As of last week, 14 state attorneys general have indicated their determination to challenge the health care bill on the grounds that it’s unconstitutional. All are Republicans except one.
Congressman Jim Clyburn, who was instrumental in getting votes to pass the health care plan, says history shows that states cannot overturn federal law.
Clyburn says similar lawsuits have happened before.
This running around filing lawsuits is reminiscent of lawsuits filed to keep from integrating schools. They sued against the Civil Rights Act. They sued against the Voting Rights Act. Every time someone tries to establish a right for a group of people, they start suing. They lost all the suits and they’ll loose this one. It’s wasting money.
Clyburn notes that after the Republican Party pledged to repeal the Social Security Act in the 1936 election, opponents went to the Supreme Court, but the Court, in a 5-4 decision, upheld the provisions. But Clyburn added that no one knows how the current Supreme Court will vote.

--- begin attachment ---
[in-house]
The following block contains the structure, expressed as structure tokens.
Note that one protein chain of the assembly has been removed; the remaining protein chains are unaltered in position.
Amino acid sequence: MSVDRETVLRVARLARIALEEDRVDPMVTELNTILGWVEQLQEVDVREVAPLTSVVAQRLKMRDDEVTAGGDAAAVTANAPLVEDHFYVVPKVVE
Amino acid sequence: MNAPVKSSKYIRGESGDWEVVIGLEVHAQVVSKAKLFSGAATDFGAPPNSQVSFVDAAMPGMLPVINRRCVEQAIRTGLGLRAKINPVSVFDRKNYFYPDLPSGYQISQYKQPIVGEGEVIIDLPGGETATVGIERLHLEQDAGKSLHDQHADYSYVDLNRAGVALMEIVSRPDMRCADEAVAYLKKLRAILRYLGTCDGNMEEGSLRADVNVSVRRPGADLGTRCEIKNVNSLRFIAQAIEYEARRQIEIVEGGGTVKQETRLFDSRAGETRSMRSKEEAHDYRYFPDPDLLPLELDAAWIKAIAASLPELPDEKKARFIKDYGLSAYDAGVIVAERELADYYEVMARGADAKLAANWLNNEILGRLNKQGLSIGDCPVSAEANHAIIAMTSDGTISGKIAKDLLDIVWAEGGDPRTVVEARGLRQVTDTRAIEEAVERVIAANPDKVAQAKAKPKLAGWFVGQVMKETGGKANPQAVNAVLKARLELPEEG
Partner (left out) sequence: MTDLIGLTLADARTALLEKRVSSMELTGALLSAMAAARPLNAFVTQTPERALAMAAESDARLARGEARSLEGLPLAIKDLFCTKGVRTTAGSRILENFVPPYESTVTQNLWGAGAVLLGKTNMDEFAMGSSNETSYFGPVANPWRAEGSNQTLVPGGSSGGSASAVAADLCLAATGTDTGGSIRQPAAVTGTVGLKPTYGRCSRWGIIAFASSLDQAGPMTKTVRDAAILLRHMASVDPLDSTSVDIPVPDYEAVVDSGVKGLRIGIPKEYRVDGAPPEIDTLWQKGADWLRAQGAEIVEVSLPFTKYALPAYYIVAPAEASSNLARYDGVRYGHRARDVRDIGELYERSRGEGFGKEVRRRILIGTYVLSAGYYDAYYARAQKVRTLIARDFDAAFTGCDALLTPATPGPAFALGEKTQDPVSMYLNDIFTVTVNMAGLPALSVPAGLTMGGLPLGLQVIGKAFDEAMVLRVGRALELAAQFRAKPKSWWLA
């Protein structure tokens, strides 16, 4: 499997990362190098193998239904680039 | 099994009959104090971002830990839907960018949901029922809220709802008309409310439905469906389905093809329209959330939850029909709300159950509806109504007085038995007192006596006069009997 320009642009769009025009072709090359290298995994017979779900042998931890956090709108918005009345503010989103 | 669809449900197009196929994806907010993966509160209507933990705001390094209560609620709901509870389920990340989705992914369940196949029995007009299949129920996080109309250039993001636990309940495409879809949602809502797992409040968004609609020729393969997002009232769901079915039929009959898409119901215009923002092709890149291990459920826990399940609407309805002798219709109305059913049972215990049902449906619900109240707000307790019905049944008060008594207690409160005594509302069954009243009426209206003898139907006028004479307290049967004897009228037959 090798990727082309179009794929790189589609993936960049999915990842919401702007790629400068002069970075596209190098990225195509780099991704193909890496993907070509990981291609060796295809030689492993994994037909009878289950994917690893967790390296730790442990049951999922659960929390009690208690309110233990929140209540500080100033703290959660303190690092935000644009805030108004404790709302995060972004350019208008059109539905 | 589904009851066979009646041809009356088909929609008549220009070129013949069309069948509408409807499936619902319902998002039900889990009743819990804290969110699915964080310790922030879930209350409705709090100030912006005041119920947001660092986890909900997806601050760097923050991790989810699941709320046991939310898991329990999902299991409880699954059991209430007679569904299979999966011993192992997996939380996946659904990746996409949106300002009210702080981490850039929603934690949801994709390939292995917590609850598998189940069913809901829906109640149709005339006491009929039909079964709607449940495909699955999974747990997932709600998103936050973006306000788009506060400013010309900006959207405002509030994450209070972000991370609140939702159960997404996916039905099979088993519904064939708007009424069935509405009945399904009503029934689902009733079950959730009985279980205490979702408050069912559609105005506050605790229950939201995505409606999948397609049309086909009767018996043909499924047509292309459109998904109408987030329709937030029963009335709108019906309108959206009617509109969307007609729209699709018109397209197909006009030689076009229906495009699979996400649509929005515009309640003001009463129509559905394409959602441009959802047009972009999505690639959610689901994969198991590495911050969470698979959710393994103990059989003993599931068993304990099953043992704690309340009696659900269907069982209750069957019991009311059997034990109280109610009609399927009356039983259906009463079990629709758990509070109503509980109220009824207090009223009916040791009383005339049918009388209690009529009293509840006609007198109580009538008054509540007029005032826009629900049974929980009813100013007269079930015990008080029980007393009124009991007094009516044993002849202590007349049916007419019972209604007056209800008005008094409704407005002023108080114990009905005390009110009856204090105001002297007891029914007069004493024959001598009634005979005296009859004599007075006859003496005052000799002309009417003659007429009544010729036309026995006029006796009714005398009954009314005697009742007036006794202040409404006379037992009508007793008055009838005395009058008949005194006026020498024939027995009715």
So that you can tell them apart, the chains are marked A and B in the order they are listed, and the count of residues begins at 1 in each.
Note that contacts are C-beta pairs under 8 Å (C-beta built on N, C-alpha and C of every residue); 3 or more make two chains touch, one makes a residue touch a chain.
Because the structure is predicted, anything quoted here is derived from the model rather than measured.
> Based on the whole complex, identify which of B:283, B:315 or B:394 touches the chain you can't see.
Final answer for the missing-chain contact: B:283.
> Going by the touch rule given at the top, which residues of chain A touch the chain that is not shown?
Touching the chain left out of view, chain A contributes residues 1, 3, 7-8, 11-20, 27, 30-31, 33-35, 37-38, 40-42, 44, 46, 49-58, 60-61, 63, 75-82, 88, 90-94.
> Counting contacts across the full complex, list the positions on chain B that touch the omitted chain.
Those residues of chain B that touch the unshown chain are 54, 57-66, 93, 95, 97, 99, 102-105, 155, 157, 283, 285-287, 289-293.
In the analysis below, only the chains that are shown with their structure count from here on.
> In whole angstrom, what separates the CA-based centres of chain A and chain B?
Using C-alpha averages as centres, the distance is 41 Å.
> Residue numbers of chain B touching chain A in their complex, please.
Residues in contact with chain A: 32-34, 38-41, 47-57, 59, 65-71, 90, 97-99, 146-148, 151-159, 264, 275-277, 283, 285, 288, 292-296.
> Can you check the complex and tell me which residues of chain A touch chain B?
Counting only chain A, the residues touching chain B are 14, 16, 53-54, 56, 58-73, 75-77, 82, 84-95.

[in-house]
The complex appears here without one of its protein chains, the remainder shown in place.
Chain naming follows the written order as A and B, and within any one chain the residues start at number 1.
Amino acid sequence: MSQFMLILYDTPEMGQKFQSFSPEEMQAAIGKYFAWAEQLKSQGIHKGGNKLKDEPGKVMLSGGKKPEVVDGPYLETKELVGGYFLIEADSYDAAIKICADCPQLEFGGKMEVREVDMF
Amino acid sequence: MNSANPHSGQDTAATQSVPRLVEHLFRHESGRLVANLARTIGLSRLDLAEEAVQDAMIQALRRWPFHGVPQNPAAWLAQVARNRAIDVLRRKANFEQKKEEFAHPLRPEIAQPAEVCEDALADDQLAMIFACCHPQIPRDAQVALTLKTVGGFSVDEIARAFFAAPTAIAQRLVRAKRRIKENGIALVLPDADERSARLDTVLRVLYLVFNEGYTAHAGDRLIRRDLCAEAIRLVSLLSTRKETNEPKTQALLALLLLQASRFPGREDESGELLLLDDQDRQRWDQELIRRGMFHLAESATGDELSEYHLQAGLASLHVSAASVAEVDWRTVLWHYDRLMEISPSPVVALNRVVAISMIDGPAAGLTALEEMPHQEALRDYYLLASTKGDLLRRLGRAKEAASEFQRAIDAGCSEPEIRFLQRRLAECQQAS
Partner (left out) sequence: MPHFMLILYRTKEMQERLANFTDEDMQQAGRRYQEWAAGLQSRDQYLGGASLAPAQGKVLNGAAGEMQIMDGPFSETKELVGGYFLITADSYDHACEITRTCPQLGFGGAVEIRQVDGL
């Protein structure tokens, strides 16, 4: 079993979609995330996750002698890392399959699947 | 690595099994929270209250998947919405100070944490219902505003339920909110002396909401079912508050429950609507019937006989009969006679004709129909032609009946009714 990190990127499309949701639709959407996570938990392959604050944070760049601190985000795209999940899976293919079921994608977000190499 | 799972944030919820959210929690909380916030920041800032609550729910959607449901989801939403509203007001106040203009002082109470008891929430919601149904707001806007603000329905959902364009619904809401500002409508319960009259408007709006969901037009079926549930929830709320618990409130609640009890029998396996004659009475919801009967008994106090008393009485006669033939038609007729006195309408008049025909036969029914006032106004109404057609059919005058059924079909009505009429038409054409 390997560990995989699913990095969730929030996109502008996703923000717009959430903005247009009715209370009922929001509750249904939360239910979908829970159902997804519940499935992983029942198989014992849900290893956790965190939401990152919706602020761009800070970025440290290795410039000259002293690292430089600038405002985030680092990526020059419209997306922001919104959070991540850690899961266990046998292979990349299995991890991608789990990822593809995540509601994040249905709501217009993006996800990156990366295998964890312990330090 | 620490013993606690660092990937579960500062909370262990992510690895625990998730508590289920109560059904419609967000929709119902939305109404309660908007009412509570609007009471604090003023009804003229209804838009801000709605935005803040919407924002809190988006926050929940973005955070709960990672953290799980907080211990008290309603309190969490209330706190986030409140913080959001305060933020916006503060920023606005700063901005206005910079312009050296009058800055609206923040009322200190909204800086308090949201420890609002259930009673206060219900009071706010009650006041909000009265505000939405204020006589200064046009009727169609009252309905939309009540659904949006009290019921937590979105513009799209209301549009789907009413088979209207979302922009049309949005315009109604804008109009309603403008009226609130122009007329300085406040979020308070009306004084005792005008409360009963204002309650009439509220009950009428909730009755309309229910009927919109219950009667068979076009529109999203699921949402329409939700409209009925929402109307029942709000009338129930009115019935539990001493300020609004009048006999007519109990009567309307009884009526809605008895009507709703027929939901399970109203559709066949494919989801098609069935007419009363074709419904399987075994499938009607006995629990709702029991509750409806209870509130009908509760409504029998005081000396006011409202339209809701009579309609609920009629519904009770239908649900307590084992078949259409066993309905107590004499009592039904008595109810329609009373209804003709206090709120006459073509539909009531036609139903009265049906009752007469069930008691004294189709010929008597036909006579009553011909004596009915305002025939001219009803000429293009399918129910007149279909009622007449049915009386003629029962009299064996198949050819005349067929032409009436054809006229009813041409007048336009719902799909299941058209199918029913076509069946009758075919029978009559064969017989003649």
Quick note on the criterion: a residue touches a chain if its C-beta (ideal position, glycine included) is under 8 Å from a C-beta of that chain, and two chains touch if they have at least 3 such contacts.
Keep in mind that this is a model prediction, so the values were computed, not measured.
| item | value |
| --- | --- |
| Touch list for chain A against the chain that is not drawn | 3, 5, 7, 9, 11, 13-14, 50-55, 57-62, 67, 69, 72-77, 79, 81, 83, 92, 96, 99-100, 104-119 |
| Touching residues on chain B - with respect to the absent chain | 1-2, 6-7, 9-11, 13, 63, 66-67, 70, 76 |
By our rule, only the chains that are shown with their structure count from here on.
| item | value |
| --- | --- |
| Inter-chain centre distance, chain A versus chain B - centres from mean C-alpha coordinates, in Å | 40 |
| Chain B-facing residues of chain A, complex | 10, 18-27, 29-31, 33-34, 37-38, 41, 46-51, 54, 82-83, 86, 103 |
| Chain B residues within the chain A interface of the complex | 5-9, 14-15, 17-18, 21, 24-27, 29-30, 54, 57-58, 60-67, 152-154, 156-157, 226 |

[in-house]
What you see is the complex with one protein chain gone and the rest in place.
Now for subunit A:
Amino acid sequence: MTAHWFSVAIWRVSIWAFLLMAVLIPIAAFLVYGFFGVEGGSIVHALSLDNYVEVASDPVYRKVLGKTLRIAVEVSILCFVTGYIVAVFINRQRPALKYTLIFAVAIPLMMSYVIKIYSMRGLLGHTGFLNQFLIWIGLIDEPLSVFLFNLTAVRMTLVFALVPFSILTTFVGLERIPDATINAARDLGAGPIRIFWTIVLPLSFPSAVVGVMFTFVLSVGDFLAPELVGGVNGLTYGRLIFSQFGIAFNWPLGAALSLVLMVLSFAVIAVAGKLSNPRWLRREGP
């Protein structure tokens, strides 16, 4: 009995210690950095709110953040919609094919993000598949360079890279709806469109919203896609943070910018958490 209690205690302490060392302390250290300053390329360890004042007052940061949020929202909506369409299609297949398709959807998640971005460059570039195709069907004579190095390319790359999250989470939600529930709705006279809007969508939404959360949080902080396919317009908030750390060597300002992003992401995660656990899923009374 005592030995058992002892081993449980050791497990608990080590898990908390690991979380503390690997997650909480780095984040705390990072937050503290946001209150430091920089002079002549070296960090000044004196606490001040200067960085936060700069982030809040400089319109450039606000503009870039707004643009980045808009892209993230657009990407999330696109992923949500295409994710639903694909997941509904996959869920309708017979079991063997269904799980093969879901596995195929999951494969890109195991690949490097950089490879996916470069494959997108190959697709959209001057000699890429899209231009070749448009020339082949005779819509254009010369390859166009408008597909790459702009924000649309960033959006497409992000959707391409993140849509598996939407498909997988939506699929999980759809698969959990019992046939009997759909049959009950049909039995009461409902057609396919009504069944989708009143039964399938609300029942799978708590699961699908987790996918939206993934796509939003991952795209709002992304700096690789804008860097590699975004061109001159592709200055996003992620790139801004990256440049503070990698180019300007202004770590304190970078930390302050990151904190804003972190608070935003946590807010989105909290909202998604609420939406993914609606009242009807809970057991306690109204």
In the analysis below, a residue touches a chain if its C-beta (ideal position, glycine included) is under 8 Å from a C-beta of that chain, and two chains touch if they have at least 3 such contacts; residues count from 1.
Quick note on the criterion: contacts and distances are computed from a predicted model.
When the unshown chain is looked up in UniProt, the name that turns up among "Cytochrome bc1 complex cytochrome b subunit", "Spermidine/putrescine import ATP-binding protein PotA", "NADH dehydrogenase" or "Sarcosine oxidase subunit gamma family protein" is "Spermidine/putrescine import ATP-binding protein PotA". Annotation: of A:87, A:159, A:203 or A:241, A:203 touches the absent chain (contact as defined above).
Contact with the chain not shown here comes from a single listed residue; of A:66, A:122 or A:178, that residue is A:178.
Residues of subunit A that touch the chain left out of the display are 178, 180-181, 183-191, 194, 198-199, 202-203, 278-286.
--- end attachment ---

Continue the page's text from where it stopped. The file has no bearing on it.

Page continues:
Clyburn says the lawsuits and attacks on the bill by Republicans are ways of spreading fear.
And what was supposed to happen if they passed Social Security? And my lord, what was to happen if black and white kids went to school together? I remember some of the speeches on the floor of the House. And they were some horrible speeches. I can tell you that.
State lawmakers in 38 states have submitted legislation to oppose the health care reform. South Carolina is one of those, where a proposal would prohibit the state from requiring individuals to purchase insurance, designed to preempt any federal law that restricts a person’s choice to pay for medical services if they choose.
Part of the criticism over the health care bill has been what it will cost states–an estimated $914 billion expense to all states by 2019. But Clyburn says that’s a cumulative total, and also speculation, since a lot can change in nine years, including the economy and the health care system.